By Elizabeth Pisani
28 May 1991
(c) 1991 Reuters Limited
JAKARTA, May 28, Reuter - The governor of the strife-torn northern Indonesian province of Aceh has urged people to band together to end a rebellion that the central government in Jakarta says is already over.
"I hope that by the 1992 elections there will be no more remnants of the GPK (rebels) in our territory," the official Antara news agency on Tuesday quoted Governor Ibrahim Hasan as saying.
Hasan said after a three-day visit to the trouble zone last week that banners appearing all over the north Sumatran province were proof residents were committed to wiping out separatist rebels known by the government as the Security Disturbing Movement or GPK.
Human rights activists recently returned from Aceh said the banners, sponsored by government-backed women's and religious groups, bore legends such as "The people will crush the GPK".
"The 'crush them' banners seem to contradict the banners that say 'GPK, if you give yourselves up you'll come to no harm'," one human rights worker said.
Local and international observers said ordinary civilians were being sent ahead of troops in search parties to the hills, where around 200 poorly armed rebels are thought to be based.
"They round up 10 people from each village, give them minimal training and then send them off with machetes as a sort of buffer force for the troops," one Acehnese resident said.
Residents have reported spontaneous capture of rebels by villagers, who then turn them over to the military.
"They think if they catch them and hand them over there is a chance they will be tried and imprisoned, whereas if the military catch them themselves they usually kill them outright," an Acehnese aid worker told reporters during a recent visit to the province.
A north Aceh court on Monday sentenced Abdul Rahman to 17 and a half years in prison for his part in the rebellion.
Jakarta has sent out conflicting signals on the fighting between troops and separatists in Aceh, which is barely reported in the strictly controlled local media.
"There are no more rebels in Aceh and anyway, the ones that are left have only a few guns between them," Coordinating Minister for Politics and Security Sudomo said recently. "The situation is safe, the troubles are over."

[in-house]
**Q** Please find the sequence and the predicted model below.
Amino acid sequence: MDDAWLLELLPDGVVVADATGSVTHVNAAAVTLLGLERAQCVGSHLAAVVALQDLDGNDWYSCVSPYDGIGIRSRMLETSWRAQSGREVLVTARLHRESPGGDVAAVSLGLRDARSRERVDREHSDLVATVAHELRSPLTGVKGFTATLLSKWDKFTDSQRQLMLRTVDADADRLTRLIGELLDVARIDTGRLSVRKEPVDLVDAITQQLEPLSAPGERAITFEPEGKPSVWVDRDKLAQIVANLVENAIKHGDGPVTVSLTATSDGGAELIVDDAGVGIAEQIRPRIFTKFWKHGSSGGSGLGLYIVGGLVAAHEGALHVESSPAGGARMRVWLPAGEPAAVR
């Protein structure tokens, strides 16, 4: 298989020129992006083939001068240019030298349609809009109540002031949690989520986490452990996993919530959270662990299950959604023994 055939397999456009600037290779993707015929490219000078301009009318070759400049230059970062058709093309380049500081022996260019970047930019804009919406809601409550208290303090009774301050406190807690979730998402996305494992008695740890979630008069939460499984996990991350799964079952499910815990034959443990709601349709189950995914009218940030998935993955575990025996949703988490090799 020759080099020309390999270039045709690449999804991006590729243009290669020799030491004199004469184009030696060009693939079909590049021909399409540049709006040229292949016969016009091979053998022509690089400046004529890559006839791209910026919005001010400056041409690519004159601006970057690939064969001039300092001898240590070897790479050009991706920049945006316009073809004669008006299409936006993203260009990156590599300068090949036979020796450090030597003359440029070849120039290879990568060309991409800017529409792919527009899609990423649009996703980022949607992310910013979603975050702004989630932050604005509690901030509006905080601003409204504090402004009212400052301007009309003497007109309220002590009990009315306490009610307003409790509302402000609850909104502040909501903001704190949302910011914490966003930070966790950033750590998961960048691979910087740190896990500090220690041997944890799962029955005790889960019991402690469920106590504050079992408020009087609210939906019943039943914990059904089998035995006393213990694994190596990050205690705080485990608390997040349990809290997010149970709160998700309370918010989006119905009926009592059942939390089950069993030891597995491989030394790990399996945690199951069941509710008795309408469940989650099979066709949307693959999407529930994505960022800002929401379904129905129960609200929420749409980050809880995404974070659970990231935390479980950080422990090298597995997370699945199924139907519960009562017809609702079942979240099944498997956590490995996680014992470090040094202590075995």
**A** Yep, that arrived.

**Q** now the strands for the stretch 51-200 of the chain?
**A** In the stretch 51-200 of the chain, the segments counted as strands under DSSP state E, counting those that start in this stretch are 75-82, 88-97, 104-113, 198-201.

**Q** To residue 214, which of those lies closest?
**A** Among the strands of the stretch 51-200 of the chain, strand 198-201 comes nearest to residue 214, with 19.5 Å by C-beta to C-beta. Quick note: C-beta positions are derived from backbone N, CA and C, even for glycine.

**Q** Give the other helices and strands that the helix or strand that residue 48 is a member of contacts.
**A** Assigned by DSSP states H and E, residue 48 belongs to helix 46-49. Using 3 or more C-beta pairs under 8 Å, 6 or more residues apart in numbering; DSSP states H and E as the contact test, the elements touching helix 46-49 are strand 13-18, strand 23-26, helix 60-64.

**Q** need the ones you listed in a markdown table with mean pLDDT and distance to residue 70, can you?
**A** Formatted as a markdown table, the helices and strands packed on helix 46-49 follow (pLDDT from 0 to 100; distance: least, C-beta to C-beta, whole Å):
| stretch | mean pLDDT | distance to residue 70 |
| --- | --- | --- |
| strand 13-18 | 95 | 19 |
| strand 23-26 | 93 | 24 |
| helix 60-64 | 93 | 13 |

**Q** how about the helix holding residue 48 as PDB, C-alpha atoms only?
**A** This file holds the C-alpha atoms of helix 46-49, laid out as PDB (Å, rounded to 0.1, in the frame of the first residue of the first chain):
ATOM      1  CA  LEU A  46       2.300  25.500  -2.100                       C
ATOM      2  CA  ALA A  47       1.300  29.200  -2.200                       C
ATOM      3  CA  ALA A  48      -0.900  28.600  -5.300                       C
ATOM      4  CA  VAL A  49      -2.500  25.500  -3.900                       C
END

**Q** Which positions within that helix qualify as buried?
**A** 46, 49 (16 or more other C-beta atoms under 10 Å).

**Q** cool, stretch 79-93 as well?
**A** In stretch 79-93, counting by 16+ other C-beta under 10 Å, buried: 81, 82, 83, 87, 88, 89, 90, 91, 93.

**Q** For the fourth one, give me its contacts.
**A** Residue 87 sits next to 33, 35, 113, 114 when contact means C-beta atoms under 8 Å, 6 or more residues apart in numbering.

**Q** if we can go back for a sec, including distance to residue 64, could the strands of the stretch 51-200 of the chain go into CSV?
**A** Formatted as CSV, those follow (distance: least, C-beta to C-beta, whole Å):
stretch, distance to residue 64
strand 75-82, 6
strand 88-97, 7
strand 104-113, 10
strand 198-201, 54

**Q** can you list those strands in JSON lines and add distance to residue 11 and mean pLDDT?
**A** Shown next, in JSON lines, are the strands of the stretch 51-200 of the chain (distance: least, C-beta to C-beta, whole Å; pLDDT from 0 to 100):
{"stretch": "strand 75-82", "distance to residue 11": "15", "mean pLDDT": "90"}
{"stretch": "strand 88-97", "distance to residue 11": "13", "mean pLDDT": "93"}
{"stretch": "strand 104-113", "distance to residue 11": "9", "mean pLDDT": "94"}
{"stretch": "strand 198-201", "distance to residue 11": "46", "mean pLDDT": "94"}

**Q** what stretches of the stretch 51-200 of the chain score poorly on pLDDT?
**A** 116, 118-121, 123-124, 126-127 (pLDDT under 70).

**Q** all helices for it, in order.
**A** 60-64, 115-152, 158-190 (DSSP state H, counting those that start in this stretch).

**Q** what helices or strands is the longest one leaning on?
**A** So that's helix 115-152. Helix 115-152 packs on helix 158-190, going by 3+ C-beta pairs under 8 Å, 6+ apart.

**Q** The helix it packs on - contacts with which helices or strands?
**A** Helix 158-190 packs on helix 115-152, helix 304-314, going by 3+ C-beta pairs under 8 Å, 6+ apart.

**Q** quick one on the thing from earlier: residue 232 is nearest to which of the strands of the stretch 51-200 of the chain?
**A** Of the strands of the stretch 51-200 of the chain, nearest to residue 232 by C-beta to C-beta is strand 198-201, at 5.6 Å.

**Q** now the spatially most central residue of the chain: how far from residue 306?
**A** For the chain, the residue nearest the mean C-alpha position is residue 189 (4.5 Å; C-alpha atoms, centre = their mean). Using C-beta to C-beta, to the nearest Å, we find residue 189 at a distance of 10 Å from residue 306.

Locals say hundreds of civilians have been killed by the military in its attempts to crush the rebellion, their bodies found dumped by the roadside in the mornings.
There is little popular support for the rebels, who keep a low profile but appear to be a loose grouping of ex-soldiers, common criminals and genuine separatists fighting to free the rich province from Jakarta's rule.
"Both sides have killed civilians, that's clear," one human rights worker said. "It's a matter of degree. The rebels don't seem to be claiming many victims now."
Jakarta has been pouring development funds into Aceh to try to pacify unrest.
"The people want to see this security problem over soon because the bulldozer of development must go on," Antara quoted a local military officer as saying after a meeting with Hasan.
The governor called on Moslem clerics in the strongly Islamic province to preach sermons teaching people not to be seduced by the separatists.
Aceh has a long history of rebellion first against Dutch colonial rule, then Japanese occupation and now Jakarta.
In the 1950s the government, working through Moslem preachers, reached a political compromise that gave the province special autonomous status, at least in name.
Political observers say that in the current 18-month-old rebellion Moslem preachers have been sidelined.
One of the best known, Tenku Achmad Dewi, who cooperated with the previous military commander and arranged an amnesty for a number of rebels, disappeared in March and is believed by many human rights activists and locals to have been shot by troops.